Sometime around 8 a.m. on September 6, just hours after returning from Philadelphia, Unruh was awakened by his mother, who prepared him a breakfast of fried eggs and milk. After eating, Unruh went into the basement and retrieved a wrench, which he raised over her in a threatening manner. “What do you want to do that for, Howard?,” she asked him. Freda would later say her son appeared to be transfixed. She repeated her question over and over before running out of the house to a neighbor, fearing her son had reached the tipping point. (A short while later, after hearing gunfire and putting it all together, Freda fainted.)
Unruh immediately collected his Luger and ammo, a six-inch knife, and a tear gas pen with six shells, and cut through the backyard to the 3200 block of River Road. Dressed in a brown tropical-worsted suit, white shirt, striped bow tie, and Army boots, the lanky 6-foot, 164-pound Unruh shot at a bread deliveryman in his truck, but missed. He then walked into the shoemaker’s store and, without saying a word, shot John Pilarchik, the 27-year-old cobbler who was on his list, in the chest. Pilarchik fell to the floor. Still alive, Unruh fired another round into Pilarchik’s head. A young boy crouched in fear behind the counter.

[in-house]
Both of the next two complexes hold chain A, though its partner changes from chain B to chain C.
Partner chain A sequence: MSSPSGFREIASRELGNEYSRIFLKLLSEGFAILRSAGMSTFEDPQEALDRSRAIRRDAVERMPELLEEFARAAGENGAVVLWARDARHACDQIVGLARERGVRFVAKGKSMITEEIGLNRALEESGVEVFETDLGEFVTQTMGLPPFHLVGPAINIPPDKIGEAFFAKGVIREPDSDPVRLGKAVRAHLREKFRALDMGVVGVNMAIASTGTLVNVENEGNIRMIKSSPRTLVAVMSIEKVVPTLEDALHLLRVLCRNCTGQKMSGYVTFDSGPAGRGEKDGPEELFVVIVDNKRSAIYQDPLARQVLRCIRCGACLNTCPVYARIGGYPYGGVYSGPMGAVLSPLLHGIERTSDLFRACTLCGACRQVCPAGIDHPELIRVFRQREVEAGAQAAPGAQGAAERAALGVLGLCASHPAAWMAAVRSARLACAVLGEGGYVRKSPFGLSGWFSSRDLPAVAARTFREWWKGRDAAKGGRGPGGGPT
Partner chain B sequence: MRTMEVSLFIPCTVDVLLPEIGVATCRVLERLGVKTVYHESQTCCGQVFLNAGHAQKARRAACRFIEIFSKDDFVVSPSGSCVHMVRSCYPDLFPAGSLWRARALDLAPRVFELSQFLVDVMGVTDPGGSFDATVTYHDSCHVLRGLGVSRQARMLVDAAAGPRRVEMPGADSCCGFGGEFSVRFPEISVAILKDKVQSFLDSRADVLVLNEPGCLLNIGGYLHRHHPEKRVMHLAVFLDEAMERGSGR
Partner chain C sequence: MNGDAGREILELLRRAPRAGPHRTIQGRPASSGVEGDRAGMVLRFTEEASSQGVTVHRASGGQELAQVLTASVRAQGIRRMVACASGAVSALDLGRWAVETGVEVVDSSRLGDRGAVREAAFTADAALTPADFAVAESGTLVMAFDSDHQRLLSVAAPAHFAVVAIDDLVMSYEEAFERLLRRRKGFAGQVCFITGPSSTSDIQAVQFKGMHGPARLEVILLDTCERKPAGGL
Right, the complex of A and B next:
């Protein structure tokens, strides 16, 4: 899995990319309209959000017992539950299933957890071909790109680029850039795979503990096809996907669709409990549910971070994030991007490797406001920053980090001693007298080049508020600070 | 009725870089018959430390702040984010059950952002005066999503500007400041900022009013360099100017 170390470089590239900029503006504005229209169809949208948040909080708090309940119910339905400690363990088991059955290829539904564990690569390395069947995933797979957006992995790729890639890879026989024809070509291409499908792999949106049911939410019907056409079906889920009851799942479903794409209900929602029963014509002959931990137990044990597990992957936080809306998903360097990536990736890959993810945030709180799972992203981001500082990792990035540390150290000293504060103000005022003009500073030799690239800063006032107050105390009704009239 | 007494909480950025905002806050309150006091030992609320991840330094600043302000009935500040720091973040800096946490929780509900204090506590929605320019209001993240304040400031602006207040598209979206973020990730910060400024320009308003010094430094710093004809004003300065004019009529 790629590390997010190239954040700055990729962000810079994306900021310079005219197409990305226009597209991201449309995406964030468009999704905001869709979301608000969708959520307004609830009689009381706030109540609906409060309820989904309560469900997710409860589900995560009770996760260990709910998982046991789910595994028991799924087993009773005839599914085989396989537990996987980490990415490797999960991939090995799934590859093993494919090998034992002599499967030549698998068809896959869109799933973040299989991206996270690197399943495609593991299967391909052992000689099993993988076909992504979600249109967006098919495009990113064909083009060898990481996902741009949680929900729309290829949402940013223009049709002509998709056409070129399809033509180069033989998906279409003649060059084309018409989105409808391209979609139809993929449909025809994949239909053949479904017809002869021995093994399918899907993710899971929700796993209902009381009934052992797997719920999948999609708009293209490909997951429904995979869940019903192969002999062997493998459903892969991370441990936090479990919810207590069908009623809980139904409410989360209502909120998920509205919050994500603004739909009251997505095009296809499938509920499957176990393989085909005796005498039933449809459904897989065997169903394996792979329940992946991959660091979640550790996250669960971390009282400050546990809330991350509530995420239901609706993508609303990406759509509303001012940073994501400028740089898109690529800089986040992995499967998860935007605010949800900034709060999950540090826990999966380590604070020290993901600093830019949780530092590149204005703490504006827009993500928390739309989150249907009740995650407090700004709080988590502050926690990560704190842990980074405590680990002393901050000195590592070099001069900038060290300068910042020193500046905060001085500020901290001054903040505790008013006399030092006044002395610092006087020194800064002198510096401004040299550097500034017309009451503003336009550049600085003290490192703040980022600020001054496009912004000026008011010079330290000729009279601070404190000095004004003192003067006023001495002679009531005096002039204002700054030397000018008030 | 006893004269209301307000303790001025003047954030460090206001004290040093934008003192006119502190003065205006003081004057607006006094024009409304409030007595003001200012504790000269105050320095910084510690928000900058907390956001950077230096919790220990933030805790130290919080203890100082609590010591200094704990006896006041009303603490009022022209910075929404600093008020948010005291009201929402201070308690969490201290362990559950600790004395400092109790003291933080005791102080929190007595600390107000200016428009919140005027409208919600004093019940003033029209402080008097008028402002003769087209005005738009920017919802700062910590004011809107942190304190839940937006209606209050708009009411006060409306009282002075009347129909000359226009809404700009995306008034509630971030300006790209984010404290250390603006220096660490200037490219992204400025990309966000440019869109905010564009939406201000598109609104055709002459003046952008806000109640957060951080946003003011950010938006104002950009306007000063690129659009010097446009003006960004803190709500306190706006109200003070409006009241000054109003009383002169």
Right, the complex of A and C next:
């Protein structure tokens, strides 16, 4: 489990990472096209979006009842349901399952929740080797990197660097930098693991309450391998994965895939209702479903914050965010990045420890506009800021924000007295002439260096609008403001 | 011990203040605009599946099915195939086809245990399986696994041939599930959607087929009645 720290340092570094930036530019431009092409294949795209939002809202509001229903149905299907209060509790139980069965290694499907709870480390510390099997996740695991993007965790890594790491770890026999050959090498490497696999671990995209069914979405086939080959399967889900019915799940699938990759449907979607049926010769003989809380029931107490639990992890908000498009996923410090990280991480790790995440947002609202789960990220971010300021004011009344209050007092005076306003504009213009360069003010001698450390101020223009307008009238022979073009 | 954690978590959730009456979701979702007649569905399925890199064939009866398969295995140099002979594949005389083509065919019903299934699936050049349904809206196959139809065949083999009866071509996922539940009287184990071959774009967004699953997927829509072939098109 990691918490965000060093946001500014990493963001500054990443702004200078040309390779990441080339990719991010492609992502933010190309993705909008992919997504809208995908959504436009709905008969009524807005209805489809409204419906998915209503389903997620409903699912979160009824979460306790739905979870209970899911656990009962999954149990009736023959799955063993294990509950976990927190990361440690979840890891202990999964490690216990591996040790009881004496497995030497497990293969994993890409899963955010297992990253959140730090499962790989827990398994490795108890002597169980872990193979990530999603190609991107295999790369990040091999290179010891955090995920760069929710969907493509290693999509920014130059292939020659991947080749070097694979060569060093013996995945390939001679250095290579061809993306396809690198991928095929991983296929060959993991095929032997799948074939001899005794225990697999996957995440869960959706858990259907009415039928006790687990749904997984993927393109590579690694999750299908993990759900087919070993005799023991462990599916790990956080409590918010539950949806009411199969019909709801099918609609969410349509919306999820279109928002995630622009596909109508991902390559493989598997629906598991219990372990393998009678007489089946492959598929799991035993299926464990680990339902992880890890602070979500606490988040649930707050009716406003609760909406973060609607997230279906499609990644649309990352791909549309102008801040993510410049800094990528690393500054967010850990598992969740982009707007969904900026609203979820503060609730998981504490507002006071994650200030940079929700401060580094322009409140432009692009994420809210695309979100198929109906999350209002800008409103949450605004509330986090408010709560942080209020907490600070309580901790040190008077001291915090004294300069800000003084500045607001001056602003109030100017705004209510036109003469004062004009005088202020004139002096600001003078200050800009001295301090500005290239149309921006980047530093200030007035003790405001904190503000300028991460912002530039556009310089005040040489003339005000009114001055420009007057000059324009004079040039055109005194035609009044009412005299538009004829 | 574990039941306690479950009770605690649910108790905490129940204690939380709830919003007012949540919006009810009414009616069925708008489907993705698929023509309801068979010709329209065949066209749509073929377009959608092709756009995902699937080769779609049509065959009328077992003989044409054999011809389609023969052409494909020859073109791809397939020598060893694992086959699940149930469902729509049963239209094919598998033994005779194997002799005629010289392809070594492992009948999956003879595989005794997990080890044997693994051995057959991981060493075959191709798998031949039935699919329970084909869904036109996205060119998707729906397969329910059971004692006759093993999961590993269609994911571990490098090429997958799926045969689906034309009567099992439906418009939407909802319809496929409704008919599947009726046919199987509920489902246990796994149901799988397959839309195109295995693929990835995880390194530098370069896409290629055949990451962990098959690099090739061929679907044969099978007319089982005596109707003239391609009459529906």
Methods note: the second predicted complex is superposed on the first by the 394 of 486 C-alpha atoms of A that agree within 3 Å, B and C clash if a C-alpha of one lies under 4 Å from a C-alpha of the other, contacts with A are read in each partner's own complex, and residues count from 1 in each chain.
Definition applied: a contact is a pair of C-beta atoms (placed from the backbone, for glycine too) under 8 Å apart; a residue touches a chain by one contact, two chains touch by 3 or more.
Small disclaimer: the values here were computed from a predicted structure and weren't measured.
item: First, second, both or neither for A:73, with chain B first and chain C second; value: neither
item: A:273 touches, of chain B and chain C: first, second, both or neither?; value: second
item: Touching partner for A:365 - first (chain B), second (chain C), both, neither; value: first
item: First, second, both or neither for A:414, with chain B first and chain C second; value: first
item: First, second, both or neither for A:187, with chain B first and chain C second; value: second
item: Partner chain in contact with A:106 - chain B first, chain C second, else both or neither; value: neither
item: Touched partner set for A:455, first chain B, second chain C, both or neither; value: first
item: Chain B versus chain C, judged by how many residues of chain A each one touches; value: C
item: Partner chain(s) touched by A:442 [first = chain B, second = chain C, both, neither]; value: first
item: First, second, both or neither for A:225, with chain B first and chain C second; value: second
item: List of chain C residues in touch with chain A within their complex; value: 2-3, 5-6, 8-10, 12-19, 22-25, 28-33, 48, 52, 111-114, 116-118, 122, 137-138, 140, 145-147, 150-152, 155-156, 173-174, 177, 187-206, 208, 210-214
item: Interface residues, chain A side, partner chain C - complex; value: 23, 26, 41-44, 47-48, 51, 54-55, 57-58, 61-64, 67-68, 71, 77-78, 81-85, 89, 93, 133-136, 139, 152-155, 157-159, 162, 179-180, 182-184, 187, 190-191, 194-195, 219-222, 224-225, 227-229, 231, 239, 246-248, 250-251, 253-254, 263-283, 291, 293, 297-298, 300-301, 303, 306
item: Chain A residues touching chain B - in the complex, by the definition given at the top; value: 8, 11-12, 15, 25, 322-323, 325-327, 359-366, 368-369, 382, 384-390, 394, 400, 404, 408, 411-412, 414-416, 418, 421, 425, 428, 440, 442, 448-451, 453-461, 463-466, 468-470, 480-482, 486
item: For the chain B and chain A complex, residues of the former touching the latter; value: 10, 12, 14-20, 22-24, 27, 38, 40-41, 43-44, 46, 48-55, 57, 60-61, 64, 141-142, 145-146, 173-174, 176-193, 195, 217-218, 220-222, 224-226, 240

Unruh walked back out to the street and entered the barbershop next door. Clark Hoover, 33, was cutting the hair of Orris Smith, 6, who sat atop a white carousel-style horse as his mother, Catherine, looked on. The barber tried to protect the child, but Unruh killed the boy with a bullet to the head. A second shot ended Hoover’s life. Unruh ignored Catherine, 42, who carried Orris into the street screaming until a neighbor threw them both in the car and sped away to the hospital. The next day, the horrific scene was described by Camden Courier-Post columnist